Ross is a very special guy and I can’t think of anyone I’d want to share the journey with now. He had very little rally experience when I decided to give him the chance, but the perfect personality characteristics of a co-driver in my opinion, so It turned out to be one of the best decisions I’ve made. He is one of the nicest blokes I’ve ever met, and although we are quite the opposite this balances out well in the rally car and we are becoming a stronger and stronger crew.

How do you celebrate victories together, if you do it at all?

We don’t celebrate enough!! It has been a very busy year and we’ve always been travelling straight home or to another event.

What kind of driver are you on the road? Does your passion for speed translate into normal driving, or is it the opposite?

I am actually very slow and chilled out on the road, like my character when I’m not behind the wheel of a rally car!! I don’t get any road-rage. I think driving an Octavia RS helps with that as its such a smooth and enjoyable car to razz around in.

What was the most difficult moment of this season for you?

On only my second event in Gran Canaria, I was ill in hospital the night before the rally, but discharged myself in order to start for my team and sponsors, not really knowing how ill I was. After stage 2 I was simply far too unwell to concentrate so we had to stop, and I flew straight home to hospital in the UK. My health got worse and I was ill for over 2 months which was very frustrating after such a good start winning the first round of the U28’s in the Azores. It was one of the most difficult times in my life as we couldn’t find out the problem for a long time, and it affected our championship hopes.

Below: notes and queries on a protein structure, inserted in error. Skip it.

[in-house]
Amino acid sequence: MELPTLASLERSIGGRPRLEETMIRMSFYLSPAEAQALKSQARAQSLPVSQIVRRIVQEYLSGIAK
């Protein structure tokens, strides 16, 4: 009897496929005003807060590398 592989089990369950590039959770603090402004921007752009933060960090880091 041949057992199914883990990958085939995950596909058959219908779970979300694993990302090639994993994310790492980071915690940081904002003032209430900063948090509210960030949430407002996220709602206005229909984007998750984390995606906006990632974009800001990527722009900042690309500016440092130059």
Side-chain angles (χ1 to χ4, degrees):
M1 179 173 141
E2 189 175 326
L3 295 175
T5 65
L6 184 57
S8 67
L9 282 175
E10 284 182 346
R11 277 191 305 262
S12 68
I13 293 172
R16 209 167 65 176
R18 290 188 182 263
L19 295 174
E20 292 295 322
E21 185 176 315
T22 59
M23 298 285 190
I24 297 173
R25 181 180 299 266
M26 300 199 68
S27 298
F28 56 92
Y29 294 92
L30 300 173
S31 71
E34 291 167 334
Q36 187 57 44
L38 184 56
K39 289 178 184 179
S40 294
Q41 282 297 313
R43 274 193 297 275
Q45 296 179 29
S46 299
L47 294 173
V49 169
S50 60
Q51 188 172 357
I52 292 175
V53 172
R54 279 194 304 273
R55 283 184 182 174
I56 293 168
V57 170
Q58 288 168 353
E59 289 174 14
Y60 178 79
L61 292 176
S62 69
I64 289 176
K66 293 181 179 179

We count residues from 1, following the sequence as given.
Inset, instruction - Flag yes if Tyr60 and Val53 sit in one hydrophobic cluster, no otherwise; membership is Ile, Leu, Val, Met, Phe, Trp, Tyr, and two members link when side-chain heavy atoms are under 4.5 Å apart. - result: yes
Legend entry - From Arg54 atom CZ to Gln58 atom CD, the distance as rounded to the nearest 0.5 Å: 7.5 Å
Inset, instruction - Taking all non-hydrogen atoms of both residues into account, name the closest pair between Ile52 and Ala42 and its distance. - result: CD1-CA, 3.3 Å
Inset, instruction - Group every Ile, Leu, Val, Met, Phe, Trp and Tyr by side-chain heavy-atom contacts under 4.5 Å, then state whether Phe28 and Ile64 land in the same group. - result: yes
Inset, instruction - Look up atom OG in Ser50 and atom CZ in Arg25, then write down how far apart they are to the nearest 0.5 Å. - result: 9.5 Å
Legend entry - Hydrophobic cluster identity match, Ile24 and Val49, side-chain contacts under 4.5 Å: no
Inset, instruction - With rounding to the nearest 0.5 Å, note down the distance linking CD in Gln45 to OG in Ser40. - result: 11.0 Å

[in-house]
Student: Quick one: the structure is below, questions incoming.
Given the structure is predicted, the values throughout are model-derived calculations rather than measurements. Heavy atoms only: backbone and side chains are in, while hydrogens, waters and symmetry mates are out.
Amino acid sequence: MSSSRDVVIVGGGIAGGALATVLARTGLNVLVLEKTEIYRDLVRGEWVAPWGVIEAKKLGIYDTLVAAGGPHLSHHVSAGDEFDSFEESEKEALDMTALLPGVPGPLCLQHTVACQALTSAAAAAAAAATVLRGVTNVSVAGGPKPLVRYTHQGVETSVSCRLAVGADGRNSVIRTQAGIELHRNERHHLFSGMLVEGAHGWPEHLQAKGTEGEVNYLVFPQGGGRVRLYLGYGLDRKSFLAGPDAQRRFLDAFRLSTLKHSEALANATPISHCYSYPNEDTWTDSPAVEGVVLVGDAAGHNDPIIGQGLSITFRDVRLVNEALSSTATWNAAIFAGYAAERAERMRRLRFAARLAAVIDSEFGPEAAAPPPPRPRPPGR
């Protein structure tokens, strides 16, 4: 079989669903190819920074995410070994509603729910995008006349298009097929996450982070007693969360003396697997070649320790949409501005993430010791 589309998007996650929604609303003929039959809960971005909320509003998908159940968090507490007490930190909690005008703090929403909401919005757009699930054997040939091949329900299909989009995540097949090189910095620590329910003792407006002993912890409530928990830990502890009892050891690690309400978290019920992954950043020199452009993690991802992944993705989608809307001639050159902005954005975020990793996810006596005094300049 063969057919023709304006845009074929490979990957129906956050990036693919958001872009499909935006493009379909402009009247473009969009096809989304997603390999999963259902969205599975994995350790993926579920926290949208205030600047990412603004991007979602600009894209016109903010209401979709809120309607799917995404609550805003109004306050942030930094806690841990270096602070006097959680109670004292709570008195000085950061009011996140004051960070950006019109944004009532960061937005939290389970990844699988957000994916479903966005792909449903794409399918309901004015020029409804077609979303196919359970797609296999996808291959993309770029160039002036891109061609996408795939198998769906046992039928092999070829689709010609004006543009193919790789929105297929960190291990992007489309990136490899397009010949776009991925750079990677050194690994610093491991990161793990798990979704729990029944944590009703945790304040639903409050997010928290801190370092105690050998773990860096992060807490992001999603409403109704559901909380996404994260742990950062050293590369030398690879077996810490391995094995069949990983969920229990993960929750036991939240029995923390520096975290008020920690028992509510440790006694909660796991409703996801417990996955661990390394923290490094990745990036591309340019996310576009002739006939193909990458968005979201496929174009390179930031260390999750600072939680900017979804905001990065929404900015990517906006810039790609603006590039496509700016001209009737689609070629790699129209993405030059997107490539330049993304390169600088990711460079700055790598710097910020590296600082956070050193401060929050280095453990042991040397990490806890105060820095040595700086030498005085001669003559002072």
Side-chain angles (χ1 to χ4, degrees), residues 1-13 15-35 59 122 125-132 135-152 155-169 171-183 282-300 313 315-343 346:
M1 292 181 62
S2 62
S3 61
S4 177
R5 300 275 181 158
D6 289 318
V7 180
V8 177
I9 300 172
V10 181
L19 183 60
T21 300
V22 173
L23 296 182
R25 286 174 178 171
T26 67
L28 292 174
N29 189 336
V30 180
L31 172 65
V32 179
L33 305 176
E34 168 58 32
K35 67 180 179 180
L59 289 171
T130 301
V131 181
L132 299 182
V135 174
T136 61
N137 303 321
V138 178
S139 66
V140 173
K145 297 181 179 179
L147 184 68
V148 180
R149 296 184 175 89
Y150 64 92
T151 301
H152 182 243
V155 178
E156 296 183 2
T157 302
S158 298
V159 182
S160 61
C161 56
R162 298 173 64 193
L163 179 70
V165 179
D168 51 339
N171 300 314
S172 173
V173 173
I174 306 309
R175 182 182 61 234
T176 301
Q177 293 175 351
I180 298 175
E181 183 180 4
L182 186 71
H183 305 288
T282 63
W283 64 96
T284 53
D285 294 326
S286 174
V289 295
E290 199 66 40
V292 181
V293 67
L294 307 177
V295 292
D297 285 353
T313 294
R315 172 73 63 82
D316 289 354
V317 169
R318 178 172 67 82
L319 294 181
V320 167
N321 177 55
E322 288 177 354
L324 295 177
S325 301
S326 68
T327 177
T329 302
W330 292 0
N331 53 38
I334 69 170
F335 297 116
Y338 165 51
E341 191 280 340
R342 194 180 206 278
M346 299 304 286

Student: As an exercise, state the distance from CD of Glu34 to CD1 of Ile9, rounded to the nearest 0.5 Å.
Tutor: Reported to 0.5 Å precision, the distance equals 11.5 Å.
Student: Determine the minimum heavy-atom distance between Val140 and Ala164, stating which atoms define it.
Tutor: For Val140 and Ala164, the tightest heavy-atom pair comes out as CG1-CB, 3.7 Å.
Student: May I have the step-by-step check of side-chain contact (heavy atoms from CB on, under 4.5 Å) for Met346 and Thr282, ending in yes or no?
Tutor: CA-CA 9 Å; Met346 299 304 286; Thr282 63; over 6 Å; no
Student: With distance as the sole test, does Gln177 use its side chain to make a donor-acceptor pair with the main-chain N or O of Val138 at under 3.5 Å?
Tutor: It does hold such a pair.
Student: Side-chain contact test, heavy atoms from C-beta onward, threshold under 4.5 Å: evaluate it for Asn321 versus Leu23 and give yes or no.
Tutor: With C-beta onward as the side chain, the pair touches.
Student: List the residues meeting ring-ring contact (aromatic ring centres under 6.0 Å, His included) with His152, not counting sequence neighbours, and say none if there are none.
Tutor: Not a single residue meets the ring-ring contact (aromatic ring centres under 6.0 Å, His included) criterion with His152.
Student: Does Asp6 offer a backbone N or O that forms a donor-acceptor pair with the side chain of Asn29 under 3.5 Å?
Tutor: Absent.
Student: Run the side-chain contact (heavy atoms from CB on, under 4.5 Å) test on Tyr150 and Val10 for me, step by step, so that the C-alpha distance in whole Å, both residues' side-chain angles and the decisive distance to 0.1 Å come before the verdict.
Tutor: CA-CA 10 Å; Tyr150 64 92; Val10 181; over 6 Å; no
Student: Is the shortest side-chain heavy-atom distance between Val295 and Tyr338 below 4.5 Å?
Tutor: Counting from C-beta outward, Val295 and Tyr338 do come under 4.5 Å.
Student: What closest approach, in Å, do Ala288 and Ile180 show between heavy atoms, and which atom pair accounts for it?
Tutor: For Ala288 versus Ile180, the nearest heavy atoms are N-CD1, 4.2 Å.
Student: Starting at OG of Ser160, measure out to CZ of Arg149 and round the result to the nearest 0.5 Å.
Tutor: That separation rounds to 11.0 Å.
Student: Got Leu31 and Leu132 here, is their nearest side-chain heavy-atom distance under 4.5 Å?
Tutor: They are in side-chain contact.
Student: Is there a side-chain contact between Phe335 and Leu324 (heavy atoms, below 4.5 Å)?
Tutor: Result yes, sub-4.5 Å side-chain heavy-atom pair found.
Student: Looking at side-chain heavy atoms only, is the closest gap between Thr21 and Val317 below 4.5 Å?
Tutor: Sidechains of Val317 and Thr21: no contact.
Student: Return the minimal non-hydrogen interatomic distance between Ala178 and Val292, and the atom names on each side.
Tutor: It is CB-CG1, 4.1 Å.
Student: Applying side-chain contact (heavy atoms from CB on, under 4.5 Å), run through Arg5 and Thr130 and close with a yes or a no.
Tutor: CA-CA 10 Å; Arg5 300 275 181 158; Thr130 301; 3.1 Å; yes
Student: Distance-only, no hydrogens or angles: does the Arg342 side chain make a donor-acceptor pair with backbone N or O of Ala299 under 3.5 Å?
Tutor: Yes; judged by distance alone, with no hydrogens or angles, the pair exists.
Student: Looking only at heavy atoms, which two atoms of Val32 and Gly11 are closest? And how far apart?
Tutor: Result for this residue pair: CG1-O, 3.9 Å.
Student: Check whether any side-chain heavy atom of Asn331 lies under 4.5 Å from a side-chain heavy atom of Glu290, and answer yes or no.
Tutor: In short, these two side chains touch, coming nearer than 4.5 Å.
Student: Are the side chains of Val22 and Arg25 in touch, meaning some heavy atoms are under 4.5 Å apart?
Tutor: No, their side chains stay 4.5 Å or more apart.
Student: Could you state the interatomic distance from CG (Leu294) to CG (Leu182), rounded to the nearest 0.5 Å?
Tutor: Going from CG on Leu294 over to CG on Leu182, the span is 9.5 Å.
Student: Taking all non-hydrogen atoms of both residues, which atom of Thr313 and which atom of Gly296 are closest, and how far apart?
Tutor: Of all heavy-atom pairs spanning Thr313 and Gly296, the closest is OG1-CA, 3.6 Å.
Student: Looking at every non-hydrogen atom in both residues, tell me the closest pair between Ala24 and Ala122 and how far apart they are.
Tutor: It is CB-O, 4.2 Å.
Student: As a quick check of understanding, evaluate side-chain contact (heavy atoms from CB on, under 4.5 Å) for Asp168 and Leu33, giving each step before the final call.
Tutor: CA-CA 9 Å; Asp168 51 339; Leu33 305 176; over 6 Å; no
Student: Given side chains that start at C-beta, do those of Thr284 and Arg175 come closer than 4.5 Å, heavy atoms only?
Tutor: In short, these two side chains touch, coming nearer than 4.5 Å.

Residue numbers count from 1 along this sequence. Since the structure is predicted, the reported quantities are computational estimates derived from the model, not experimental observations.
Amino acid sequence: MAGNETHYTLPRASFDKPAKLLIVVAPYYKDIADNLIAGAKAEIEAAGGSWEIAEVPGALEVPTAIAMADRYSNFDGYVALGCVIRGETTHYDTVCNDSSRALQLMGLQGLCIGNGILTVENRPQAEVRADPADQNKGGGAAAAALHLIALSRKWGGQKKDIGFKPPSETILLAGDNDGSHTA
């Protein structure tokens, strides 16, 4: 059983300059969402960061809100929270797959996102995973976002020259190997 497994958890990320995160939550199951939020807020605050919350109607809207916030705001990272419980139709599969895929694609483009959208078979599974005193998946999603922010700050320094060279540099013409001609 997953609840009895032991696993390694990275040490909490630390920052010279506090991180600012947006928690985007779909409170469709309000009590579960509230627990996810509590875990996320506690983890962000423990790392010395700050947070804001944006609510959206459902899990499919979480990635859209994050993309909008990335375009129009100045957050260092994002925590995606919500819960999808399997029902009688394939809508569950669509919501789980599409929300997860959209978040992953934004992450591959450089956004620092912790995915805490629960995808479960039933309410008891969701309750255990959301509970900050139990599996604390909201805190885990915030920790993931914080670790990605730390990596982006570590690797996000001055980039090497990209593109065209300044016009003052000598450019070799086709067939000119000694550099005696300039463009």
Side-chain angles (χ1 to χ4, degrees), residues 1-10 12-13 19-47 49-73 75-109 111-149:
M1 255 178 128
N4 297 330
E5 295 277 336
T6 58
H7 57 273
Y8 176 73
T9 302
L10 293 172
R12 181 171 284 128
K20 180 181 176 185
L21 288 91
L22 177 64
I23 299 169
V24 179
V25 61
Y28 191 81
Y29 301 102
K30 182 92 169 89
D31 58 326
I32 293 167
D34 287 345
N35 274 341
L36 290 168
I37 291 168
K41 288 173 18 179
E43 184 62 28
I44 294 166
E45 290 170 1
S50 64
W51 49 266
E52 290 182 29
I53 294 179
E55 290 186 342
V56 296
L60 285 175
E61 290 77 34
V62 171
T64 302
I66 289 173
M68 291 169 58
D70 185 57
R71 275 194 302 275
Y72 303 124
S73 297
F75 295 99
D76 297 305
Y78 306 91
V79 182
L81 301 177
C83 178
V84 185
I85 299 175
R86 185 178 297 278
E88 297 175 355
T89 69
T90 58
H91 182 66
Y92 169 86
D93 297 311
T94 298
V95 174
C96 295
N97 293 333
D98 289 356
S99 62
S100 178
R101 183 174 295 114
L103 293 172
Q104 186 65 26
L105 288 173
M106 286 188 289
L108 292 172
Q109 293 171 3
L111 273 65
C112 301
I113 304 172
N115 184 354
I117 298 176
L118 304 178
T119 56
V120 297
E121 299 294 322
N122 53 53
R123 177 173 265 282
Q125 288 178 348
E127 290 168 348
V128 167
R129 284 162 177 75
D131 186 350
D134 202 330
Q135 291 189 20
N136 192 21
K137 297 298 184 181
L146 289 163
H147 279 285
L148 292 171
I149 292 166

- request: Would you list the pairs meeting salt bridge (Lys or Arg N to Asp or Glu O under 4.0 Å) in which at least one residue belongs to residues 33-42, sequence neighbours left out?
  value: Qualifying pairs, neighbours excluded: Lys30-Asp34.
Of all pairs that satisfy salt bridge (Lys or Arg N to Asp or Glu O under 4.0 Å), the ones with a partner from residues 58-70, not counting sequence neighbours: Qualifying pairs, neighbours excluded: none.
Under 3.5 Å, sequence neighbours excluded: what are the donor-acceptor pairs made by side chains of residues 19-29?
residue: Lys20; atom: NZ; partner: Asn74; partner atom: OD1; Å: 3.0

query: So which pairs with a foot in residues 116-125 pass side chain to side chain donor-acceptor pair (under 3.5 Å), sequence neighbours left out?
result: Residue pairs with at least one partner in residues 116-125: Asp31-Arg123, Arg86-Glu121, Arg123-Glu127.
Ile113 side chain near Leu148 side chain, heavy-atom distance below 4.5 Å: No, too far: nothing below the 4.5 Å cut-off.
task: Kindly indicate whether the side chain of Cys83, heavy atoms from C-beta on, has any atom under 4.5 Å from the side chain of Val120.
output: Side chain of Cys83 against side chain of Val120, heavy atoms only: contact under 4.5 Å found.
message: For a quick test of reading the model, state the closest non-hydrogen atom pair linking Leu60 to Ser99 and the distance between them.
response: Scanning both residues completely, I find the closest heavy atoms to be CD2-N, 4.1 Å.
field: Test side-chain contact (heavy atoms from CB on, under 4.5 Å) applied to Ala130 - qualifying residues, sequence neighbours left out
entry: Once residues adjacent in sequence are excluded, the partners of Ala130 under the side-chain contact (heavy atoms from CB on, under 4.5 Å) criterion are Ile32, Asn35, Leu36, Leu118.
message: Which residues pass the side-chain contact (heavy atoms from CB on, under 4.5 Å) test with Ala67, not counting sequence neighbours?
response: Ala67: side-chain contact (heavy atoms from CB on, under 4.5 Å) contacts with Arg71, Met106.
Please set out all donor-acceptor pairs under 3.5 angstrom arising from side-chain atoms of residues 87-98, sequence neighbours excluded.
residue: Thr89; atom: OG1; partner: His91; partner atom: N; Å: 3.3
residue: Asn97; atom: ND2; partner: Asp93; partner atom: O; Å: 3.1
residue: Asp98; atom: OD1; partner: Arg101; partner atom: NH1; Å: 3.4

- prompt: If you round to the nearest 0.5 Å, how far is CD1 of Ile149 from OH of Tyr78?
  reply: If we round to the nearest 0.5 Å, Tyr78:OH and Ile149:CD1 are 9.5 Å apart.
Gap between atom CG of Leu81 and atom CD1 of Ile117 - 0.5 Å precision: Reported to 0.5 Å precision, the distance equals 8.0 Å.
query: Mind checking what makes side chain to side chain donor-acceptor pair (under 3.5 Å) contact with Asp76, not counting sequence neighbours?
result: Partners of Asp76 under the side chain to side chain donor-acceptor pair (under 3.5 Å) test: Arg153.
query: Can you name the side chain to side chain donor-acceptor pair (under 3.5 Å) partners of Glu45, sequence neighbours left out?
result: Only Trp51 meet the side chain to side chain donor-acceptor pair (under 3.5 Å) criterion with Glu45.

And, on the other hand, what was the best one?

It’s difficult to choose between the first rally in the FABIA in the Azores, such a strong start, and the WRC 2 debut podium in Turkey. I’ll probably go with Turkey because It felt like a win to get a top 10 in the WRC and it was an immense challenge on those brutal rough and hot stages.

How old were you when you first drove a car?

I was 14 driving an old Mini in fields, I think Kalle Rovenpera had probably started driving way before then!! 

Are you a full-time rally driver, or do you have another job as well? If so, what is it?

I would say a full-time driver manager of myself! Unfortunately I don’t actually do enough rally driving, but huge amount of work to make it happen and create opportunities for myself to chase my WRC dreams. The end game is to one day have a fully supported drive so that I can focus 100% on my driving and competition.

What will be the first rally of your 2019 season?

I honestly don’t know yet. I am free for Rallye Monte Carlo 🙂